It’s a good way to “kill multiple birds with one stone” – keeping active, being in touch with your surroundings as you walk through neighbourhoods and getting to where you need to be.
6. Look for black sheep before dark
Growing up in Anguilla, “Look for black sheep before dark” or “Mek case before de sunset” were common sayings to “place fire under ya foot” to get things done before the darkness settled in.
The deep darkness of the night has returned because of the extensive damage done to the electricity infrastructure island wide and now these phrases are more than relevant. Due to there being inadequate lighting, time management skills must be fully employed to get tasks done between the hours of 6 am and 6 pm. After that, it’s lights out!
7. Appreciate the traditional methods
No electricity?! Do it the manual way!
Our parents, grandparents and their ancestors did not have the ‘luxuries’ that we have today – no longer analog but digital; no longer manual but automatic.
It was essential in upbringing that children were taught to do things manually whether by choice, in the case of having other alternatives, or not. Now that many homes are without electricity, they have no choice but to revisit the methods of the older generations.
“I wanna try! I wanna try!”
The longing to replicate the “squish squish” sound that mothers and grandmothers made while they washed clothes on their hands, a technique that Caribbean people use, forever fascinates children and dumbfound adults. It stimulates their eagerness and adds fun to washing on their hands.
Get your buckets and “draw ya water”.
As a result of not having electricity to power the water pump to have running water, it’s time to use your muscles! Most buildings in Anguilla are equipped with a cistern – collects and holds water for use throughout the building – but to gain access to this water is a strenuous task!
No stove? No problem!
Get some dry sticks, some rocks and strike a match to get the fire going for the pot – cooking outdoors!
Several persons had to pick up a hammer and “pung a nail” or some other form of labour but according to “de old people”, “Hard wuk neva kill nobody!”
Of course, there are many other older, traditional methods that had to be utilised after the passage of Hurricane Irma but they all evoke a greater appreciation of what the older generation went through.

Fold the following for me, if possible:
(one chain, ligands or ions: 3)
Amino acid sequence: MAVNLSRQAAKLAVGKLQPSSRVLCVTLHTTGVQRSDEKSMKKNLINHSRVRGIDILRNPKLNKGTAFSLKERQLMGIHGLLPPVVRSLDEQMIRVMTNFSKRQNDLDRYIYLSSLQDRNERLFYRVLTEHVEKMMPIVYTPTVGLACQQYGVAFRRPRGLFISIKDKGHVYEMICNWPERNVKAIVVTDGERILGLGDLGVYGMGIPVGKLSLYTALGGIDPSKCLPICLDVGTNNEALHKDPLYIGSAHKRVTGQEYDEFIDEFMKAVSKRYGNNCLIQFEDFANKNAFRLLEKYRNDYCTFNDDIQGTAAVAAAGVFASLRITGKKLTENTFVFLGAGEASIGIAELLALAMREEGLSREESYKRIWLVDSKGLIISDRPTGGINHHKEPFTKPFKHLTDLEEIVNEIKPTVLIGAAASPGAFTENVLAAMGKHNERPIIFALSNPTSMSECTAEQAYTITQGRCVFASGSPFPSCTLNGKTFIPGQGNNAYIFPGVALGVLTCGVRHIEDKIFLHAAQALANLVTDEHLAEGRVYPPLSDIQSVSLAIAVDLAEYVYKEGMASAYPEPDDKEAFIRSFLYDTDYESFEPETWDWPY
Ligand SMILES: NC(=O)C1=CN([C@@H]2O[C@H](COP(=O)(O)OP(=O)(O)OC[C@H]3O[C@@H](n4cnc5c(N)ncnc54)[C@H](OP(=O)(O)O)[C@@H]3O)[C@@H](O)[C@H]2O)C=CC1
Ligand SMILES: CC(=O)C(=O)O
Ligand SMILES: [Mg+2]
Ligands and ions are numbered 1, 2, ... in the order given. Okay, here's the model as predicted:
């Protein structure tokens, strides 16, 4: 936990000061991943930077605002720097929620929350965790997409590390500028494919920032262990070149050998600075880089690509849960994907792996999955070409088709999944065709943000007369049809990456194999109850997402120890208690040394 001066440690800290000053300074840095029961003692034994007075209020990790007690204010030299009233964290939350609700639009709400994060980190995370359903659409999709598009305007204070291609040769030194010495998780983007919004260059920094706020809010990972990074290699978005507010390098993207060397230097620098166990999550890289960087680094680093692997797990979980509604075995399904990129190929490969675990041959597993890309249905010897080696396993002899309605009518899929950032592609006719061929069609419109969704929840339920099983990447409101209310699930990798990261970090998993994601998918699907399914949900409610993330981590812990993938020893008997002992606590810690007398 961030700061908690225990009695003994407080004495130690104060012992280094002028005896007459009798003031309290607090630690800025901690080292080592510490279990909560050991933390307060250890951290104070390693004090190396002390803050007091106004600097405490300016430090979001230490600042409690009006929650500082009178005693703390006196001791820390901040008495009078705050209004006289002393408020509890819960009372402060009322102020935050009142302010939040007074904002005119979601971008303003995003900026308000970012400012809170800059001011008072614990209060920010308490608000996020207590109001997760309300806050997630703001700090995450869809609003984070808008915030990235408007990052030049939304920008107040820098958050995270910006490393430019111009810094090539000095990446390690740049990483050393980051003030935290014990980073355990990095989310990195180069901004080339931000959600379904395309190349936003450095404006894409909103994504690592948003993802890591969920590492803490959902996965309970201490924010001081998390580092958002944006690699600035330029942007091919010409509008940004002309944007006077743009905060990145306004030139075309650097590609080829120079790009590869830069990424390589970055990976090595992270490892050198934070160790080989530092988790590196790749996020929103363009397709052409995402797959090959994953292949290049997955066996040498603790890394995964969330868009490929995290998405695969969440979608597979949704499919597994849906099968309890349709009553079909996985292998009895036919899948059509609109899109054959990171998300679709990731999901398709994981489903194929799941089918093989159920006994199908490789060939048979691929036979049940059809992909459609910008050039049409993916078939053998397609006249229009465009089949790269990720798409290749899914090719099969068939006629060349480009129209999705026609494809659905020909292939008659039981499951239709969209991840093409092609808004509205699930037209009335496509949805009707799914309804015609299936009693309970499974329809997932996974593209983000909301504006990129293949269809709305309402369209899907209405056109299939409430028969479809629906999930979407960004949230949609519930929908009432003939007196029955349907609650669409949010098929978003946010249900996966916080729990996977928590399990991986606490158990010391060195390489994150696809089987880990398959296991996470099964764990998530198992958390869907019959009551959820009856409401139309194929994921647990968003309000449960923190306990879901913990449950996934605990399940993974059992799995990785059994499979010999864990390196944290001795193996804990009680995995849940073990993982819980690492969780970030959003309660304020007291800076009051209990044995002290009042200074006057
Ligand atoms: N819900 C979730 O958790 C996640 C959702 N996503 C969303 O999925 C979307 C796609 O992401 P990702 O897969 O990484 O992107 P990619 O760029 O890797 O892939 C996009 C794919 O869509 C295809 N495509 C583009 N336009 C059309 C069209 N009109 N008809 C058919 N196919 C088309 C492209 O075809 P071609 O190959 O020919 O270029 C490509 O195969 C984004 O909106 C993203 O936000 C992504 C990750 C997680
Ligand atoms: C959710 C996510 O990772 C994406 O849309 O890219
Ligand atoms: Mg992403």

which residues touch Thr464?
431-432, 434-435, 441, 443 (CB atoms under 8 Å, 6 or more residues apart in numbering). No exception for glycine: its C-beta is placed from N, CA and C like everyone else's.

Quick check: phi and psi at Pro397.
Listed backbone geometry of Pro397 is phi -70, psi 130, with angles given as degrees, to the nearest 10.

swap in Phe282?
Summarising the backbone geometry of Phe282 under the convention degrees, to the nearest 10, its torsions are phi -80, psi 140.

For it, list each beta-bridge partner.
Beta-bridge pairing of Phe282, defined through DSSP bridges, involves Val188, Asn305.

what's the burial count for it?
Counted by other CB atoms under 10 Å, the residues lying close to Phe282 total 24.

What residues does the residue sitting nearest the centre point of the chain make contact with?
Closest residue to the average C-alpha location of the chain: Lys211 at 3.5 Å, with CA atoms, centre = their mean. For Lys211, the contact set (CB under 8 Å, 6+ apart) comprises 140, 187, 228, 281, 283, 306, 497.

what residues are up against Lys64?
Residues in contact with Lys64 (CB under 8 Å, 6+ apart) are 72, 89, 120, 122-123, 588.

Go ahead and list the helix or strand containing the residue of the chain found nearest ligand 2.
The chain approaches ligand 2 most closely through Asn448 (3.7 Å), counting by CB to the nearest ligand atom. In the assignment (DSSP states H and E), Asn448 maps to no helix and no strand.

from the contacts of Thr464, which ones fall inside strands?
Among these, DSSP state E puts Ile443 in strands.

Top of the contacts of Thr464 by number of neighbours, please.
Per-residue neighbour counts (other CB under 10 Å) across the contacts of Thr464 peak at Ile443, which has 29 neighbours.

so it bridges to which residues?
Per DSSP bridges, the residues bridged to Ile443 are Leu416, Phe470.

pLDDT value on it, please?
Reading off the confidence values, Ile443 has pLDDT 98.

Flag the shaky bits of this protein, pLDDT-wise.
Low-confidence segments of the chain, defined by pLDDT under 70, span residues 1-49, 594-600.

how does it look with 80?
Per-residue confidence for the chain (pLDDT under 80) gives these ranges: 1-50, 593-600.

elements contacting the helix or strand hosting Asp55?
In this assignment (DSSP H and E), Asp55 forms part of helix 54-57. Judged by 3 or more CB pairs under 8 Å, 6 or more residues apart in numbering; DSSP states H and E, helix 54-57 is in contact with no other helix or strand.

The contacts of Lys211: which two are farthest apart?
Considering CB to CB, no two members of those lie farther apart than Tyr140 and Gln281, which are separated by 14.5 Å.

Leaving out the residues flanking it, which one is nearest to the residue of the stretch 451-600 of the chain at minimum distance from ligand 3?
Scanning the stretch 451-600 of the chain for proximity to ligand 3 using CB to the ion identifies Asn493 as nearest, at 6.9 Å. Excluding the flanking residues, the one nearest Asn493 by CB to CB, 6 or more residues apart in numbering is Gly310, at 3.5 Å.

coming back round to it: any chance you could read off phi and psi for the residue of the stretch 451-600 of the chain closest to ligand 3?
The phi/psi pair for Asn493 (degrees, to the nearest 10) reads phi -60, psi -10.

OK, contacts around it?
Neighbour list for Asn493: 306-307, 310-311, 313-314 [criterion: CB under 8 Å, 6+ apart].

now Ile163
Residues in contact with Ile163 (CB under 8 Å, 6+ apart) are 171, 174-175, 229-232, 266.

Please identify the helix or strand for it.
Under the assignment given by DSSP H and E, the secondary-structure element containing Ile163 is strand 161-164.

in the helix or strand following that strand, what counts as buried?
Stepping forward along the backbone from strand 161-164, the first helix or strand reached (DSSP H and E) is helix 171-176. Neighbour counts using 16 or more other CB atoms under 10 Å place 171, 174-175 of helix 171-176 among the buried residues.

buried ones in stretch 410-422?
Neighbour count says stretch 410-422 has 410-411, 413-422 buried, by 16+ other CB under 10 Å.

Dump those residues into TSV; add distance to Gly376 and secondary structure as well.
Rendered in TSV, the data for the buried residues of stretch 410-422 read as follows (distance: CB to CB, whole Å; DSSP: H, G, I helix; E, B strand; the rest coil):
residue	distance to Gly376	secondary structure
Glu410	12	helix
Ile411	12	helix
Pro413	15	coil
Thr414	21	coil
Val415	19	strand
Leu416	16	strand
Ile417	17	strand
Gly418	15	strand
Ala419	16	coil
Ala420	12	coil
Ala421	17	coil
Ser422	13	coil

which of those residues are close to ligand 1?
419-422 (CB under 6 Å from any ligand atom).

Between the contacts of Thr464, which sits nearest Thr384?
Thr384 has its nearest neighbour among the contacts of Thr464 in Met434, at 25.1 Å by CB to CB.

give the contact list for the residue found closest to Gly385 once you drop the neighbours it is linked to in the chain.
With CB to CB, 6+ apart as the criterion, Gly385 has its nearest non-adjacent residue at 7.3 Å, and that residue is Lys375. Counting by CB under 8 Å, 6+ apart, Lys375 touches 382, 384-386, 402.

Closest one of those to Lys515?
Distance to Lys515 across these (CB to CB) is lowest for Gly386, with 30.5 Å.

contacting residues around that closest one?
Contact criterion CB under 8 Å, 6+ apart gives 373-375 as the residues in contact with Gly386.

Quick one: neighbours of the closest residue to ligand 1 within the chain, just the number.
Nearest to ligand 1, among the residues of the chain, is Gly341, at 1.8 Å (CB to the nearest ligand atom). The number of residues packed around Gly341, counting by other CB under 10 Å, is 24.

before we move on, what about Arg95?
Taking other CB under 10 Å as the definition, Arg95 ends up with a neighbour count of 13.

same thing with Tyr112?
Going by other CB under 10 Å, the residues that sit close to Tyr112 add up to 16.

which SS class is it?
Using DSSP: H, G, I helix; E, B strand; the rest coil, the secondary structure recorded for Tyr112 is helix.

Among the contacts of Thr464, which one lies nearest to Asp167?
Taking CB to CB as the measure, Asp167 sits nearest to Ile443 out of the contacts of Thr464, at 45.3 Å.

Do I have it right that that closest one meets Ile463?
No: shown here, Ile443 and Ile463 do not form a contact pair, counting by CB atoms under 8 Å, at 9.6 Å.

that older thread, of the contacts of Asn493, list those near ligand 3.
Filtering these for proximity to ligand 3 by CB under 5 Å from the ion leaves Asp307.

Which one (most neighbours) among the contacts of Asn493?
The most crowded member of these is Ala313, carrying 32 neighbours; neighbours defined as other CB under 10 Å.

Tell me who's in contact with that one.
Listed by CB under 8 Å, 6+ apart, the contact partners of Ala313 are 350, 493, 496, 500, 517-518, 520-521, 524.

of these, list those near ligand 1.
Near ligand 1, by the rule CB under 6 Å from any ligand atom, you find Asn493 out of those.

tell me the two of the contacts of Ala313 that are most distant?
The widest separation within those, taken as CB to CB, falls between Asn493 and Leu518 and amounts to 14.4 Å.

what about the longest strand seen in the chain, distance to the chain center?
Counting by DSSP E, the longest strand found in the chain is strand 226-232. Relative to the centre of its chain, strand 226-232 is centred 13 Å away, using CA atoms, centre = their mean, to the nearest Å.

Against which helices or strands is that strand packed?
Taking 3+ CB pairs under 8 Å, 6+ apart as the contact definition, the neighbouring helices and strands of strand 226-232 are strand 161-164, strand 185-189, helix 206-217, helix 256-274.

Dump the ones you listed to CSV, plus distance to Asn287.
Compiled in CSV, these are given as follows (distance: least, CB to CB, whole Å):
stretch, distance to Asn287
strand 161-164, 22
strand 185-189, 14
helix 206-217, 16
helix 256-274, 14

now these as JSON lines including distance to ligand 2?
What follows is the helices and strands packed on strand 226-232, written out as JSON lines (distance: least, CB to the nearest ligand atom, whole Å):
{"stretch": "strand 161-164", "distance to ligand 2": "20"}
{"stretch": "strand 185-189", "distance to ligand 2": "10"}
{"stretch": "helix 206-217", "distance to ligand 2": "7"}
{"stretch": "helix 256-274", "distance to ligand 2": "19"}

8. “Waste Not. Want Not.”
The wrath that Hurricane Irma brought led to the damaging of key infrastructures like the ports of entry and supermarkets and consequently, hindered the process of obtaining resources and other necessities.
As a result of this hindrance of the flow of resources, supply is more limited.
Conservation is key for survival! Using sparingly is not a choice but a must! Thus, if you waste away the resources that you have, it would be foolish to wish to have it back once it is done.
9. “Mek do wid wa you have”
Survival mode has kicked in and well… what you would not use in normal circumstances, you have to use now. Nothing is to go to waste or go unused. It’s all about maximising the use of resources that you have to accomplish what needs to be done.
For example, using random ingredients to make a meal (cook-up) or using water that was used to wash to flush, just to name a few instances.
10. Back to Barter
Hurricane Irma did a “one, two, three” on our economy. Some are unable to work and the flow of income has been disturbed. Due to the uncertainty of how and when persons will get access to money, some persons have decided to trade to satisfy their wants and needs – no money involved. This and the above points are prime examples of adaptations for survival.
11. What have you learnt?
Share with us your Hurricane Irma experience and the lessons you learned below.
Hurricane Irma did many things but we are #AnguillaStrong – read the short recap of the passage of Hurricane Irma in Anguilla.